For those of you with bad eyesight, didn’t “Green Lady” and “Enemy” give you the same feeling you had the first time you put on glasses and saw 20/20? Everything is tightened into a focus so crisp it’s disorienting. Instead of the fuzzed-out blur that defined Merchandise’s early material, these new songs come with so many textures and details that it’s overwhelming to take in all at once. To be honest, I haven’t even been able to listen to After The End in one sitting yet. I’m inevitably left backtracking, replaying, starting over, to the point that I’m always a little surprised that the album’s only actually 45 minutes long. It’s tough enough not to just get stuck listening to “Enemy” but when I finally made it to track four, “Green Lady” provided a whole new challenge. From the second those synths slide in to the final relieved exhalation that blows in like a cool breeze, it carries you so smoothly, and when that distorted darkness from the band’s earlier records drips back in during the final section, it feels less like an aesthetic choice than the logical emotional conclusion. I’m taking my time growing into After The End, and “Green Lady” is one of the best ways to begin. –Miles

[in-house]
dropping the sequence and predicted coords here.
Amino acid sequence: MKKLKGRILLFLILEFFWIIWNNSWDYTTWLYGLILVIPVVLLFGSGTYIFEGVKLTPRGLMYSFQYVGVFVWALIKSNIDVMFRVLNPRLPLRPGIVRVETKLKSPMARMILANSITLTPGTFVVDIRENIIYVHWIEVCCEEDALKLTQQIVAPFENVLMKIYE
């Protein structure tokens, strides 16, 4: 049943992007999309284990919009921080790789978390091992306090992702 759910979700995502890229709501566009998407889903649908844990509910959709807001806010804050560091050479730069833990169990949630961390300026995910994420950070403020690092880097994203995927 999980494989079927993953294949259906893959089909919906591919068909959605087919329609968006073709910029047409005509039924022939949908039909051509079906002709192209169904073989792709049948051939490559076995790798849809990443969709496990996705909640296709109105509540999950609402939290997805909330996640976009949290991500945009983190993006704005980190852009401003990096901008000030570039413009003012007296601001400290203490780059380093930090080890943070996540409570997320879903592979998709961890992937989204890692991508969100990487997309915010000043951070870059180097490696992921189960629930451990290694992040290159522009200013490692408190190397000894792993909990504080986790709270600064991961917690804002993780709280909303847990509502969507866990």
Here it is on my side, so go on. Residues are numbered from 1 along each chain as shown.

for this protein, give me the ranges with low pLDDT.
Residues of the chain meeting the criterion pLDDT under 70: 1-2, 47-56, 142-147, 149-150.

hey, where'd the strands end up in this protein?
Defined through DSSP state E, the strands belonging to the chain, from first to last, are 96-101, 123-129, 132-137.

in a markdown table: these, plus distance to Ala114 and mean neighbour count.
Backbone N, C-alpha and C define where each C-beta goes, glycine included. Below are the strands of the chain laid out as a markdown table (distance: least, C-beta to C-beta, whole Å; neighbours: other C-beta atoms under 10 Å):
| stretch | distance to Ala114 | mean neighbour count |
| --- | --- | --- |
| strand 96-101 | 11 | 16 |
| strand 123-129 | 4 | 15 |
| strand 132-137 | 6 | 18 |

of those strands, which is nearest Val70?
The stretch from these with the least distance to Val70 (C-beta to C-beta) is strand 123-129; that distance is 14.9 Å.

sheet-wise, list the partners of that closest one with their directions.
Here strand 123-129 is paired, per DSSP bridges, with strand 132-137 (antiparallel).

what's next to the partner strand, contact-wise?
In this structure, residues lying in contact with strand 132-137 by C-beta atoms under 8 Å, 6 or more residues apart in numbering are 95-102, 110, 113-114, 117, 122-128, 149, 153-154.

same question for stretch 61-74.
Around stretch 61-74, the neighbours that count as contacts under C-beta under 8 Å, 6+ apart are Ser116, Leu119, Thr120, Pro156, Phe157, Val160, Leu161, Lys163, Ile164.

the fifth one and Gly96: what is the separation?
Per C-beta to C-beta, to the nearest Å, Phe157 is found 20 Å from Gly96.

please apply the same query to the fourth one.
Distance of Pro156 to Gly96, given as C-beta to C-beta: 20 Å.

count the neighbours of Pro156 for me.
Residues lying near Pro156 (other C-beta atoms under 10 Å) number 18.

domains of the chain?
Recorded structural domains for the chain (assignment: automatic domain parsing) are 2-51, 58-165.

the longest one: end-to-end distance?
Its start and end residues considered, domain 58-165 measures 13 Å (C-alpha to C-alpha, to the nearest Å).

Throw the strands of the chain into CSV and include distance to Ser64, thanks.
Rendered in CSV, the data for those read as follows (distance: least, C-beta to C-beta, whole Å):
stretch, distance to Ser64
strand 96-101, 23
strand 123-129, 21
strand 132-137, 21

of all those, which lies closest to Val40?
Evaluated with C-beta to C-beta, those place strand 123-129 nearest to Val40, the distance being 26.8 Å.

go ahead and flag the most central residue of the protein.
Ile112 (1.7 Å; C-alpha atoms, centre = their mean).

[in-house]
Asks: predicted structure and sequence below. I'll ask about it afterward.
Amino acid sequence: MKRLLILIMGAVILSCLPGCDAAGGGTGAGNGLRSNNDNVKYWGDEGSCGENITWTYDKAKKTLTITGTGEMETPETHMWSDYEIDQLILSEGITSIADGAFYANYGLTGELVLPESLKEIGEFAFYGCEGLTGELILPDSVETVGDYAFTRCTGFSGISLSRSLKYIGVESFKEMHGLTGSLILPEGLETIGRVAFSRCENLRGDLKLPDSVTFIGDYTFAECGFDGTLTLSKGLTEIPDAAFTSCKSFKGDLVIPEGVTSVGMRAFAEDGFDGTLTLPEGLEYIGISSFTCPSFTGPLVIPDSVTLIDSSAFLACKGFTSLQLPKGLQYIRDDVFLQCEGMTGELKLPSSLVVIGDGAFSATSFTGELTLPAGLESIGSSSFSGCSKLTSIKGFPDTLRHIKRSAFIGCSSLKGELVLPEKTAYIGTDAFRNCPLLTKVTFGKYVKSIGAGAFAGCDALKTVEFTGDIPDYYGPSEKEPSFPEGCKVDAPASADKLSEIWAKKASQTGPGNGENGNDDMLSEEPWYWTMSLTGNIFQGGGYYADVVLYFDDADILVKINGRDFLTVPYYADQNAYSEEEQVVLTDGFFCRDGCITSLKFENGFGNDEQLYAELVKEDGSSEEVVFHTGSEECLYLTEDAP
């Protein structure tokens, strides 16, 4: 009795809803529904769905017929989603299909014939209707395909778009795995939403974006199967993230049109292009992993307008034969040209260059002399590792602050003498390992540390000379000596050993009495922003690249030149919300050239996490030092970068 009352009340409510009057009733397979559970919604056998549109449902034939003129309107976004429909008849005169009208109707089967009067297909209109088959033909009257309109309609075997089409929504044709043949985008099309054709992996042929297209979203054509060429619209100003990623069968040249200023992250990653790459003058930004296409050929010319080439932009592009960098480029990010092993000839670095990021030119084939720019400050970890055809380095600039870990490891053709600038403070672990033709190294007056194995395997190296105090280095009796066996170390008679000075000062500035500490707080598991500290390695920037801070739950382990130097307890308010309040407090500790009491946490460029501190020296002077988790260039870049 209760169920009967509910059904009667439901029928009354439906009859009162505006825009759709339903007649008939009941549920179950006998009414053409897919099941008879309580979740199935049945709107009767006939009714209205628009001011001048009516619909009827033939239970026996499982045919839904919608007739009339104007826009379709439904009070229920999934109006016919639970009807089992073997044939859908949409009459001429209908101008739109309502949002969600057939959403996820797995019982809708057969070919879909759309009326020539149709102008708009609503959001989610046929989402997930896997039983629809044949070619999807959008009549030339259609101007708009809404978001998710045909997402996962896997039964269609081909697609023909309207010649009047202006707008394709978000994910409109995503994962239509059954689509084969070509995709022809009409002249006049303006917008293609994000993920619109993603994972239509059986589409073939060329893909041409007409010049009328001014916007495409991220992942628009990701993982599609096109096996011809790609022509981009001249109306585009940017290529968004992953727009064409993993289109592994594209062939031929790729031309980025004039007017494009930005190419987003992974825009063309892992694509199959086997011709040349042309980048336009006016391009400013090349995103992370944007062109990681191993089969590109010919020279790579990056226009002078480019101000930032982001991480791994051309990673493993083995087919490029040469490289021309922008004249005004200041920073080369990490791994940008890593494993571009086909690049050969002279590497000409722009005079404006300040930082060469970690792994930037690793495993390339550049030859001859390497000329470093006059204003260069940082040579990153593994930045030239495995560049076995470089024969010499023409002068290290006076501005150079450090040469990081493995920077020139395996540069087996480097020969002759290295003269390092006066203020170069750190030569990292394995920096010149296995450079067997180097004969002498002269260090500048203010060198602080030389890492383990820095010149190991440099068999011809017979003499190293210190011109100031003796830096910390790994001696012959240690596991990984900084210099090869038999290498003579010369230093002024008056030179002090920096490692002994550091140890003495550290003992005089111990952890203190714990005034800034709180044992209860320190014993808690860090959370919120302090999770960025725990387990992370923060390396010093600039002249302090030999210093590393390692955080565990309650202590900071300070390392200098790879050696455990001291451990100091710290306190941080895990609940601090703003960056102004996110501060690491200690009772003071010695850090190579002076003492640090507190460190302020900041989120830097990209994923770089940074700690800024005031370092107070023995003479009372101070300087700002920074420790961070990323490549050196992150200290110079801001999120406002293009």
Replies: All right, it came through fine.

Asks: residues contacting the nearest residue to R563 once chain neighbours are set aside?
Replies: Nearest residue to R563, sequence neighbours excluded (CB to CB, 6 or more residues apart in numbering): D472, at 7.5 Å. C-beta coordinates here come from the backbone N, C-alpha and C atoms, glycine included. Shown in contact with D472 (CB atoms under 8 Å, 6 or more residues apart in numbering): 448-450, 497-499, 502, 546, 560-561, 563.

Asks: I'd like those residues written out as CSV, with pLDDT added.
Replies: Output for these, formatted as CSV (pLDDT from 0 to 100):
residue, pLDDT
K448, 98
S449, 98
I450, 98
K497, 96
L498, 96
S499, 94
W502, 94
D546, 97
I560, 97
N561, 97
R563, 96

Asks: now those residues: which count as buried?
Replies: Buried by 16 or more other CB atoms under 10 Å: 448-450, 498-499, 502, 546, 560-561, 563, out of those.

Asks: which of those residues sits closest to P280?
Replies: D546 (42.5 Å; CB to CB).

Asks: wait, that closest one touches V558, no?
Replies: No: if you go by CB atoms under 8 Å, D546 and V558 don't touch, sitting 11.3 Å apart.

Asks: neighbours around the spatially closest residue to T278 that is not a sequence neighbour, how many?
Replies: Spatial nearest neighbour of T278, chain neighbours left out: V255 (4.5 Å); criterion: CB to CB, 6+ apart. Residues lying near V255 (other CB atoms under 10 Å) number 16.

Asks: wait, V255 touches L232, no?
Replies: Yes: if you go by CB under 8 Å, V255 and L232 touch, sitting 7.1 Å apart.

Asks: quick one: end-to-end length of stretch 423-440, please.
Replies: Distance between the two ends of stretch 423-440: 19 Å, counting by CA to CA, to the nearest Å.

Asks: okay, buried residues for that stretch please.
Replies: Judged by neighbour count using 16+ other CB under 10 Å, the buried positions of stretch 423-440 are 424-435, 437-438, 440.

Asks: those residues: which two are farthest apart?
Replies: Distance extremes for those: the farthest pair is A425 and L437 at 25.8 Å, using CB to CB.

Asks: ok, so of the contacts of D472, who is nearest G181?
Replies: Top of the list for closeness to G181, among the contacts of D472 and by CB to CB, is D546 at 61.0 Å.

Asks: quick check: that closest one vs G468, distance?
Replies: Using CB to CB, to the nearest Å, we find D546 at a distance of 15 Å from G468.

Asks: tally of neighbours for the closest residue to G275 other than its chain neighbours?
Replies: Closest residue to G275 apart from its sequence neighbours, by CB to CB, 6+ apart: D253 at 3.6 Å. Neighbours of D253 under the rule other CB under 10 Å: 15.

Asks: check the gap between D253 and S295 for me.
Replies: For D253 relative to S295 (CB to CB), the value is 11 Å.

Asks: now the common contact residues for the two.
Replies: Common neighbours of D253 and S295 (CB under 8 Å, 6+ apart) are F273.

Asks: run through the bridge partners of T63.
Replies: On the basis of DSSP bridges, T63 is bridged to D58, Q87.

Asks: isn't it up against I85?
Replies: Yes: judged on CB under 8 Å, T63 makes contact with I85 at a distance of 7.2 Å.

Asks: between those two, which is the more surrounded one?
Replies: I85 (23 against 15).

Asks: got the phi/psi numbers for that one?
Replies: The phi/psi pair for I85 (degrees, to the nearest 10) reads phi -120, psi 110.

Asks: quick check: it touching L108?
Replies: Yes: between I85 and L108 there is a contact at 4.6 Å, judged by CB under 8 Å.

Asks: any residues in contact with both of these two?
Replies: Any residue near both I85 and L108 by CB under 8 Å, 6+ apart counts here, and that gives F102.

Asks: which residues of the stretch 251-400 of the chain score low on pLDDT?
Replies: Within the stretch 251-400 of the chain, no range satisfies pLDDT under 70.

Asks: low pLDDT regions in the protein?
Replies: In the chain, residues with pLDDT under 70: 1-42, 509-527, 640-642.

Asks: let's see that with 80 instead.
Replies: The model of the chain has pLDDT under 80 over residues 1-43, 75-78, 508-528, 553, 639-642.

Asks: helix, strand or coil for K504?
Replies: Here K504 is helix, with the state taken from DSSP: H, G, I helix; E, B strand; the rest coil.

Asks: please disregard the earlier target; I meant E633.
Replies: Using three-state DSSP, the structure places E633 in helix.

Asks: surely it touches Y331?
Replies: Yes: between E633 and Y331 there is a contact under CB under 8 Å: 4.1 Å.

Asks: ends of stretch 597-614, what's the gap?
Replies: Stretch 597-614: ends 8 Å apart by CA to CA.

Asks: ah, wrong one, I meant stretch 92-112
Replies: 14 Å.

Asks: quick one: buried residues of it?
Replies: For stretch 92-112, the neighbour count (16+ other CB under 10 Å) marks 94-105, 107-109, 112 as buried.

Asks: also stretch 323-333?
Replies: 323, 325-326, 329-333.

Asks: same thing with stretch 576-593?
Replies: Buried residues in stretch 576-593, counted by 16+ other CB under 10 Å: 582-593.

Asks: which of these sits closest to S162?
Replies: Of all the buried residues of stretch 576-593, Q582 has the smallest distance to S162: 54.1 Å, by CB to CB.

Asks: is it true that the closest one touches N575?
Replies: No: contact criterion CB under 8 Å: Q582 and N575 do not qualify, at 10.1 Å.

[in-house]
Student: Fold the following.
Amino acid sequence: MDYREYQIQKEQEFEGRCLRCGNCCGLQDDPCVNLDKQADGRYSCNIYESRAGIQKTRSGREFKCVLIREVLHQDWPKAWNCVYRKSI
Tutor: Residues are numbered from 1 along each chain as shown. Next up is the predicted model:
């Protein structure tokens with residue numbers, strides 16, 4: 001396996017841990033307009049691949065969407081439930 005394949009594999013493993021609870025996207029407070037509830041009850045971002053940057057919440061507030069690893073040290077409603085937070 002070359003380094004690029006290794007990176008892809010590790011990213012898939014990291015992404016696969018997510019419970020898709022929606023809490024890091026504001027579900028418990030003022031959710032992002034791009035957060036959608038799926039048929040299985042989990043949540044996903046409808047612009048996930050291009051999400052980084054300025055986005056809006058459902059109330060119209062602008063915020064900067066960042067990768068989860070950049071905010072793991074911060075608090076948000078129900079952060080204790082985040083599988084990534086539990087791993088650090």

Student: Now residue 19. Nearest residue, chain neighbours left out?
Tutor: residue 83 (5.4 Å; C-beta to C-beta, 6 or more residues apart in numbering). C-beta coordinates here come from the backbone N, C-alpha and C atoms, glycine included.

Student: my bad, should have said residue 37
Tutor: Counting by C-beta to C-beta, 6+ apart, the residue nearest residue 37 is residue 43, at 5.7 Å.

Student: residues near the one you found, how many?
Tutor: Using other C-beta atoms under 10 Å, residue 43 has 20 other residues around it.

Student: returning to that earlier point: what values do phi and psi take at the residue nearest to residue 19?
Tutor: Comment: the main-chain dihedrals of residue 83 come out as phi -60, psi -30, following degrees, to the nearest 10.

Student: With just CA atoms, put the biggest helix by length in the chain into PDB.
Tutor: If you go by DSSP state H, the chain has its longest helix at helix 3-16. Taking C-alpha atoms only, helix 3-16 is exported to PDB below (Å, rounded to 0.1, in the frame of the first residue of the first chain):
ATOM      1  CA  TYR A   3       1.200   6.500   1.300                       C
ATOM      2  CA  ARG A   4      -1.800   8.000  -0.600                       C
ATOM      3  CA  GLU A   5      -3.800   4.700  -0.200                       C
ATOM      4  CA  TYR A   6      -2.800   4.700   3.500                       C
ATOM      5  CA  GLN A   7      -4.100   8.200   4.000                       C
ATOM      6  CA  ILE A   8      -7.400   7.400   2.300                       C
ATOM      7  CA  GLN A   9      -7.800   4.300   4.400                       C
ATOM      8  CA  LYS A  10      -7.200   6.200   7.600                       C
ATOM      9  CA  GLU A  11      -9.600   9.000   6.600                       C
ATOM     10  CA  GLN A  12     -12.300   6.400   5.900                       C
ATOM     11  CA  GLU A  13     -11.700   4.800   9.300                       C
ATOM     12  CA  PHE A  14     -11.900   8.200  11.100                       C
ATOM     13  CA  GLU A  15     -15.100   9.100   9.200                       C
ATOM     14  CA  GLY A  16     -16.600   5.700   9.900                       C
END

Nicki Minaj owned this week. Obviously. Duh. She’s owned this entire year, honestly, without releasing an album yet, but she especially owned this week. When her sugar “Pills N Potions” came out, people fretted that the fiery mixtape version of Nicki, the one who’d done “Chi-raq” and “Yass Bish!!!” had gone back into hibernation. When she coasted her way through a couple of random Future and Cam’ron guest verses, people worried that she’d blown all her creativity early in the year. This week, she proved that nobody has any cause to worry. She dropped her own much-awaited “Anaconda” single, the one with the cover art that provoked thinkpieces before anyone even heard the damn thing. But she did even more notable things while guesting on songs for a couple of other people: a long-running Memphis underground hero who somehow became a pop star, and a long-running Houston pop star who somehow became an underground hero.